Expeditions · Destinations · South Pacific · Vanuatu · New Guinea · Solomon Islands
March 28, 2023 Words: Katie Altman

The South Pacific Less Traveled

Take a deep dive into the sights, sounds and culture of Melanesia.


If you dream of a once-in-a-lifetime South Pacific adventure that will open your eyes, heart and mind to astonishing cultures, landscapes, and wildlife, behold Melanesia, a six-country sub-region of Oceania in the southwestern Pacific Ocean. Three Melanesian countries that are particularly attractive to adventure travelers are Papua New Guinea, Vanuatu, and the Solomon Islands, each of which includes little-explored destinations that are reachable only by ship. They are best explored on a Seabourn Expedition – a luxury safari at sea - with our experienced and knowledgeable Expedition Team.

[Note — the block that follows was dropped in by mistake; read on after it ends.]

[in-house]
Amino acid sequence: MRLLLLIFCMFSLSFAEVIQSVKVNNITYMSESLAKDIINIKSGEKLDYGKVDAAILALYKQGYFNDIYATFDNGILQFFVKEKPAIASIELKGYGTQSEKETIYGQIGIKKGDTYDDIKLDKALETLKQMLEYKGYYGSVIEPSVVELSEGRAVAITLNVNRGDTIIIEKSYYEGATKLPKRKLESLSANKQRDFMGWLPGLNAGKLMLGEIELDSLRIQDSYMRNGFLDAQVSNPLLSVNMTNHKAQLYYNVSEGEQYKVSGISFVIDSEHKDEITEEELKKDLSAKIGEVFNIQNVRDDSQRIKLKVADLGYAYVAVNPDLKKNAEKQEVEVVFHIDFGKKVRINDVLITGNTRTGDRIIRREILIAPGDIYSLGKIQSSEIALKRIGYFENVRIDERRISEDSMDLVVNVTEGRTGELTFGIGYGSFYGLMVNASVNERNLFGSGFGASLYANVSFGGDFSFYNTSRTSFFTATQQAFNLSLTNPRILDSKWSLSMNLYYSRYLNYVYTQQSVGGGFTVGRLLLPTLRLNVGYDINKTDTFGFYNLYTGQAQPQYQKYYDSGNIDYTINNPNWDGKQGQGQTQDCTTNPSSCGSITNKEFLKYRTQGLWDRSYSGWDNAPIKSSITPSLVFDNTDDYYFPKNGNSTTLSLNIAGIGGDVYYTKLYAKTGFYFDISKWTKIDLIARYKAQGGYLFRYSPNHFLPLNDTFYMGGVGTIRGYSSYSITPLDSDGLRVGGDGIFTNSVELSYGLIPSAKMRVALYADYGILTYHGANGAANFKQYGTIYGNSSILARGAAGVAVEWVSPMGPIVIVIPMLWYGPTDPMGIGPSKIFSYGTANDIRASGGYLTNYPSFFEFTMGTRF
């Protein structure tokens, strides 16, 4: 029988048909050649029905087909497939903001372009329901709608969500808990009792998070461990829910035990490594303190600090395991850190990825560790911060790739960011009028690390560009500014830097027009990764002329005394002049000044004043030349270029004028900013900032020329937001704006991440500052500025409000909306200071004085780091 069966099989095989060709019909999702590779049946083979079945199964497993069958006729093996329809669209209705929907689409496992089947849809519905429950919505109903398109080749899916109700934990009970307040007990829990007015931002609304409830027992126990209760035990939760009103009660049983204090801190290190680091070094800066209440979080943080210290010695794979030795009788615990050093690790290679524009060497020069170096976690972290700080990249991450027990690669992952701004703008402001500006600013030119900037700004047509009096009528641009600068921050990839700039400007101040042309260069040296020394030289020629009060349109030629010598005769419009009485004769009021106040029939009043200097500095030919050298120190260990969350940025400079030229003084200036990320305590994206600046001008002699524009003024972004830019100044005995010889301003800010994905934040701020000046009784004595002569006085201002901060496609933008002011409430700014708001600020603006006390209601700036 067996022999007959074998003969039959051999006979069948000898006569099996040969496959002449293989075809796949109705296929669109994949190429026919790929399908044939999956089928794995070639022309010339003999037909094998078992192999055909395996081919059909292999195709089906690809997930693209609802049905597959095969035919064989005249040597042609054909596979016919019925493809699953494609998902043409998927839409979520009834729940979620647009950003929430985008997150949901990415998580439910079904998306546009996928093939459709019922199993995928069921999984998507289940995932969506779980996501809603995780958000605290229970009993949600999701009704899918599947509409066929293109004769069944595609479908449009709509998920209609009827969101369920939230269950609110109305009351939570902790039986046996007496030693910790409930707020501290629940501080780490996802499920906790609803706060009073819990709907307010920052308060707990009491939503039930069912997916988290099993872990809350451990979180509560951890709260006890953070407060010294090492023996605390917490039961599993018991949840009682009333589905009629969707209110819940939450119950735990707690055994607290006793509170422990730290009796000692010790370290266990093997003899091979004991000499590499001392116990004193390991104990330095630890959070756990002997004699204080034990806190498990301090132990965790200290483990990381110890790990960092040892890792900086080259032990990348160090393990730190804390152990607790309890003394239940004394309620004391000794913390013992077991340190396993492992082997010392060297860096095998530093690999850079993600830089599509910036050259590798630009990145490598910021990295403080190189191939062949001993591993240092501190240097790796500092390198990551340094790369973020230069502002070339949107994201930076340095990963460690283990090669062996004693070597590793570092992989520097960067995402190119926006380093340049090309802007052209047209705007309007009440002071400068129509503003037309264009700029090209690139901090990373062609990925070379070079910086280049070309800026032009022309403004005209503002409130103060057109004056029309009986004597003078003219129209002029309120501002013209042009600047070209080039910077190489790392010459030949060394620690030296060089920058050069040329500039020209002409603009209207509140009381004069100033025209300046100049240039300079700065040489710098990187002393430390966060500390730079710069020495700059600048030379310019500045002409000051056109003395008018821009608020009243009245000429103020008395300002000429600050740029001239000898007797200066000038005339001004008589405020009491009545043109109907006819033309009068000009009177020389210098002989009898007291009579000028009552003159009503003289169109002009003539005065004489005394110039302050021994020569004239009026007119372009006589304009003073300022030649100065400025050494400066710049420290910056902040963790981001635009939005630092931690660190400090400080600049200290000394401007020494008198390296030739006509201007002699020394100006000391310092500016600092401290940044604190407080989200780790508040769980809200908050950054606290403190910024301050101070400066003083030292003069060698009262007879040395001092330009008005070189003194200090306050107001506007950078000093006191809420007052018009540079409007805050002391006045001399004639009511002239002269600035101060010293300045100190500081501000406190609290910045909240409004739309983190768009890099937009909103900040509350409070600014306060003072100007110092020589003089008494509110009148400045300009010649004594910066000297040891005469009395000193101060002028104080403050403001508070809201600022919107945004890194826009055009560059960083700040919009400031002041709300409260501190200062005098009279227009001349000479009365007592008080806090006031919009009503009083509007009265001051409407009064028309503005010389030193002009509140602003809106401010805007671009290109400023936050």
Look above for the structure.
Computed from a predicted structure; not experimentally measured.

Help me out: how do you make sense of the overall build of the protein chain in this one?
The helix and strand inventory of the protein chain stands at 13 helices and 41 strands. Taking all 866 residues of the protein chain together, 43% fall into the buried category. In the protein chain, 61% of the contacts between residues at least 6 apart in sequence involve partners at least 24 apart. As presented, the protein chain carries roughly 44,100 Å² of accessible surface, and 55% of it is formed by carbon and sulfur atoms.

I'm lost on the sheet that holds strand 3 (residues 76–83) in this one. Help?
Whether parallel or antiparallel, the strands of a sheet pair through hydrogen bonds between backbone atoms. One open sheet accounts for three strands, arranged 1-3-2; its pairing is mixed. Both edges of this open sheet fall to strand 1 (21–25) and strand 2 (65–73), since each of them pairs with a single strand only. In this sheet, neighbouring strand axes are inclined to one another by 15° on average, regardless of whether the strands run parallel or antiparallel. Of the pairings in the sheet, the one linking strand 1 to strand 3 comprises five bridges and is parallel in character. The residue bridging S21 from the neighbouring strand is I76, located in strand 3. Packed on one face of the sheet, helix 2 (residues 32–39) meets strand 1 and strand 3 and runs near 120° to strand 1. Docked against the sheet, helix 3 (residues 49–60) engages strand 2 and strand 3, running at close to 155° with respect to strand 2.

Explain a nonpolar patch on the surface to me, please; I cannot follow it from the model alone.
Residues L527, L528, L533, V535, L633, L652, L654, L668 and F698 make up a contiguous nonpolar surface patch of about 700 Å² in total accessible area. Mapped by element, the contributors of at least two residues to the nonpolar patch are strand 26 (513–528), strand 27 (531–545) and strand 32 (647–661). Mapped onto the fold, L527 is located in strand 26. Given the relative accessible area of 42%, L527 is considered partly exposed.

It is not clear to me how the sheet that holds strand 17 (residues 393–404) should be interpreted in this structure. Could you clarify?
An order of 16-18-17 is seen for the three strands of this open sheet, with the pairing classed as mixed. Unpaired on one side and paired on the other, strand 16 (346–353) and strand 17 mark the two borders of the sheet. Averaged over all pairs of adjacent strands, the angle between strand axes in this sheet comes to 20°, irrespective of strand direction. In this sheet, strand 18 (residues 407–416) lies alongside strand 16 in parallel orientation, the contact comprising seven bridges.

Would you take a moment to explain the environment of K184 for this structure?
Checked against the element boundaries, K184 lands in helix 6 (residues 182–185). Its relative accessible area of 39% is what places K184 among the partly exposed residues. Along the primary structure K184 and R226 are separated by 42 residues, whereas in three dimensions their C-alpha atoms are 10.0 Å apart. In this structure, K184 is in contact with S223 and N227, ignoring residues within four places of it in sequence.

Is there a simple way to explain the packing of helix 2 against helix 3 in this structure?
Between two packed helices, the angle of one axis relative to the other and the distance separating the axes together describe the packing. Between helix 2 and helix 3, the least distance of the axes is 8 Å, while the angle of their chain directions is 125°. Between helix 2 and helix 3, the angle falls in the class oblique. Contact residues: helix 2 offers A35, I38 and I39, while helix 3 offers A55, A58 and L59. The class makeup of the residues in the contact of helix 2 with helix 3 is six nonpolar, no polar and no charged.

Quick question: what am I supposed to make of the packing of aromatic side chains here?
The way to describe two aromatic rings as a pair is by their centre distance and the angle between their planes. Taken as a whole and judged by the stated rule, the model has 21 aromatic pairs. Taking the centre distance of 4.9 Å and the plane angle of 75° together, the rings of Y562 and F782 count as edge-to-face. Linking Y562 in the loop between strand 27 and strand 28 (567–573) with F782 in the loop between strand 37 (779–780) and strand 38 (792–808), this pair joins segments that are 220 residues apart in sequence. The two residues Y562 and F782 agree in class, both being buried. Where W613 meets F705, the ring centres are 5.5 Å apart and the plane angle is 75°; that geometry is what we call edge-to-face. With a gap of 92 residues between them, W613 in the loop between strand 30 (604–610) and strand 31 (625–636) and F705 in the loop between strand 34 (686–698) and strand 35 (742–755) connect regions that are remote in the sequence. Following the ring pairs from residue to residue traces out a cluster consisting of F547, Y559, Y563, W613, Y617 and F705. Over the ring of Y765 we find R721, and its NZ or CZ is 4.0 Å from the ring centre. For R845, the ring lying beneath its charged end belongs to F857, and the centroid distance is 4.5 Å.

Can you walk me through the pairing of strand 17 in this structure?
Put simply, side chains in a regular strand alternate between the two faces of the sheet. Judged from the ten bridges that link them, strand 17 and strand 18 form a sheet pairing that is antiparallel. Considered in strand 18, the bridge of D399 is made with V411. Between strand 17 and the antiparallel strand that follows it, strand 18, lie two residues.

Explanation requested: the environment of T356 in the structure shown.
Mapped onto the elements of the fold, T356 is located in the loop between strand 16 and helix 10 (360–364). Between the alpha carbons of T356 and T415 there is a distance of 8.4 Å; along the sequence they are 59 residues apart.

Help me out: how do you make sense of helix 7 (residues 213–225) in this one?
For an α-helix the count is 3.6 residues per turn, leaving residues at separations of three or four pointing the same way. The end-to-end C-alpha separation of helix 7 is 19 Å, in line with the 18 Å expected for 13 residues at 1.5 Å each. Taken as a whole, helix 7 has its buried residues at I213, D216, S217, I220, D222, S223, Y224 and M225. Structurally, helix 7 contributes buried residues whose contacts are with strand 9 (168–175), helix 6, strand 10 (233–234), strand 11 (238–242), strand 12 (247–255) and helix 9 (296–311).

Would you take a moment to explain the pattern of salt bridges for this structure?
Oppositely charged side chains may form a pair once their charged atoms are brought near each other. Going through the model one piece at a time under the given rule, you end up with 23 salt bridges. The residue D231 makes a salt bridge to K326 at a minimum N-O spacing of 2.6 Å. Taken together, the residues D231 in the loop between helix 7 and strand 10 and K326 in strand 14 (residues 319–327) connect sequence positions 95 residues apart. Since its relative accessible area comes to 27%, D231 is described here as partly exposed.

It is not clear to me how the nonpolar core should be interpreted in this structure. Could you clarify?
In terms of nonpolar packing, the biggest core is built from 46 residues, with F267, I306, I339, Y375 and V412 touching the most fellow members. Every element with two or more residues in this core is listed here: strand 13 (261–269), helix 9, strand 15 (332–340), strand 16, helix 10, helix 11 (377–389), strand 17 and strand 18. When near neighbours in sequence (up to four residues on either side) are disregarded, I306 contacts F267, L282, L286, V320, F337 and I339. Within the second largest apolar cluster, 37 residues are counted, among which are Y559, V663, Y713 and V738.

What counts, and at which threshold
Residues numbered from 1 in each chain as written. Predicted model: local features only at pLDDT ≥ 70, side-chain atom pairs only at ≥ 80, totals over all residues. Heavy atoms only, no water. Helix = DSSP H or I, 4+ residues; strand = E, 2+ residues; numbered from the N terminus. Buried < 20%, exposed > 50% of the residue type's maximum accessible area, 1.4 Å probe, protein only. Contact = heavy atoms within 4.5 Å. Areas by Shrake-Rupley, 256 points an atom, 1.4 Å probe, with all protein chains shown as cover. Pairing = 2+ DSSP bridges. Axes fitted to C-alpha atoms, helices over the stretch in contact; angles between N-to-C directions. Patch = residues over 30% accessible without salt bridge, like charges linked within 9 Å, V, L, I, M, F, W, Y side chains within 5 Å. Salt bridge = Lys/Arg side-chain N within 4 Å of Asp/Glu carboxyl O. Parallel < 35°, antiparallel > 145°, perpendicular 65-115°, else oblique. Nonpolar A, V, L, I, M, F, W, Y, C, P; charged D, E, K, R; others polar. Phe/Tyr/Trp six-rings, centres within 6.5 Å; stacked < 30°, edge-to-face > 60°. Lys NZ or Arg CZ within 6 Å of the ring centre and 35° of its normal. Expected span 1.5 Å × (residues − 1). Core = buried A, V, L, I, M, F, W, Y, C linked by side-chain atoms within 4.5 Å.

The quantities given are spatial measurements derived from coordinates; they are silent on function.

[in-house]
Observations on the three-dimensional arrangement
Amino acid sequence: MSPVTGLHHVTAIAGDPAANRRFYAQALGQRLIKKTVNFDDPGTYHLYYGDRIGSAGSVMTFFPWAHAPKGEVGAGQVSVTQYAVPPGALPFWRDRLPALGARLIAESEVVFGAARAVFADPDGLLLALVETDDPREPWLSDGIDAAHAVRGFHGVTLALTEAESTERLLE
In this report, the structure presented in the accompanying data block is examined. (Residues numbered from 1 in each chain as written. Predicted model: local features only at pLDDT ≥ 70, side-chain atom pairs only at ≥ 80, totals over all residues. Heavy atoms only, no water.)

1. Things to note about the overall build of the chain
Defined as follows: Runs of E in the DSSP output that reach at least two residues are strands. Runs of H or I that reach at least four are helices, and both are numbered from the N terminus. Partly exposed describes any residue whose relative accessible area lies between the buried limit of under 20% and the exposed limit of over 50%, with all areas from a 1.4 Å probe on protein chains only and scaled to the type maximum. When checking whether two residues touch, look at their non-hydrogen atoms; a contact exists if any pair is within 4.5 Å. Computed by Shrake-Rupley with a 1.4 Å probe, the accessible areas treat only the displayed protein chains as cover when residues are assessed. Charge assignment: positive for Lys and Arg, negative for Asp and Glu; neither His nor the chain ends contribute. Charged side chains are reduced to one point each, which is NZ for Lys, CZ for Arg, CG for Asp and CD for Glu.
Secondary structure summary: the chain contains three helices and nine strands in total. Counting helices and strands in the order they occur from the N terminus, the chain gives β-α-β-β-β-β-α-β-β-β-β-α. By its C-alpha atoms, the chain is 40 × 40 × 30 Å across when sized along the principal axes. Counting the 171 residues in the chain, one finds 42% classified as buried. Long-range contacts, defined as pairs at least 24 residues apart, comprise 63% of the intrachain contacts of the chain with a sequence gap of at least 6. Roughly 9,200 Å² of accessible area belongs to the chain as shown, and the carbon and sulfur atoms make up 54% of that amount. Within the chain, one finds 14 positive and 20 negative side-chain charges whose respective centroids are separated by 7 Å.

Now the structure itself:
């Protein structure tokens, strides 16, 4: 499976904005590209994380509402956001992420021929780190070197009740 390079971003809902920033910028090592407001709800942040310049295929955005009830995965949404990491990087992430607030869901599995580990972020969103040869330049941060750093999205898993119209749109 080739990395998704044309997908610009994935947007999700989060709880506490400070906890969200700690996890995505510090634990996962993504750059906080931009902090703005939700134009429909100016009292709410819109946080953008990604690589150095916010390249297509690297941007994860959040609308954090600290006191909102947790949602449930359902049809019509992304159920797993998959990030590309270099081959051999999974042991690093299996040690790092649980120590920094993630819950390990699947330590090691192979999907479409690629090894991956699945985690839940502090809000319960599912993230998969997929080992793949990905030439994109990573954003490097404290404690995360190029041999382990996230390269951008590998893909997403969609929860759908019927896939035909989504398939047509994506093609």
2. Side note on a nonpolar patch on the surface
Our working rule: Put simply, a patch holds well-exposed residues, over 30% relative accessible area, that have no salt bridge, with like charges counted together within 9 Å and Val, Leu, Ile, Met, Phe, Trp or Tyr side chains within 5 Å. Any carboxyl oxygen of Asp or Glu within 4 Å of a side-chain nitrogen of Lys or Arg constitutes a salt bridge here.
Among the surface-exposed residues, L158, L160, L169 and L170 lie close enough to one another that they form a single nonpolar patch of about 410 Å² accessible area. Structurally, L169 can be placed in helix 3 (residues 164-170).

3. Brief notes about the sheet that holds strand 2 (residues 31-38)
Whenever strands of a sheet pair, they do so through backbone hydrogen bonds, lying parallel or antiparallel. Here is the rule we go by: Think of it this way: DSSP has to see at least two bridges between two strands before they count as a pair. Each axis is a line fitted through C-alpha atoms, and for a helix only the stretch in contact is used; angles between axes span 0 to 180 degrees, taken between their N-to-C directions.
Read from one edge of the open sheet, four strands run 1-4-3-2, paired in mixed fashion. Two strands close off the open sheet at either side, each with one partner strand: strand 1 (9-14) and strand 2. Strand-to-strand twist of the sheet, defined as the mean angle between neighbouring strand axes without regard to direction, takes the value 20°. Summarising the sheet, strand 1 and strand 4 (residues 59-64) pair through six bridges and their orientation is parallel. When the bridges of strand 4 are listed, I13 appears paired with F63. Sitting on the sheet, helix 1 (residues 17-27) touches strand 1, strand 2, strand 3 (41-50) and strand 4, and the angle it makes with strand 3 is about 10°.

Papua New Guinea

Encompassing the eastern half of New Guinea and it’s the islands off its coast, Papua New Guinea has 3,200 miles (over 5100 km) of coastline and a stunning volcanic landscape, but little in the way of tourist infrastructure beyond a few central areas. Getting off the beaten path with the right guidance allows you to get up close and personal with some of the world’s oldest continuous cultures.

On the small and unspoiled island of Kitava, in the Trobriand Island group, visitors are often greeted by traditional dancers when arriving on the white sand beaches. Locals are also often happy to invite guests to the village of Kumagea to learn about their lifestyle and local crafts.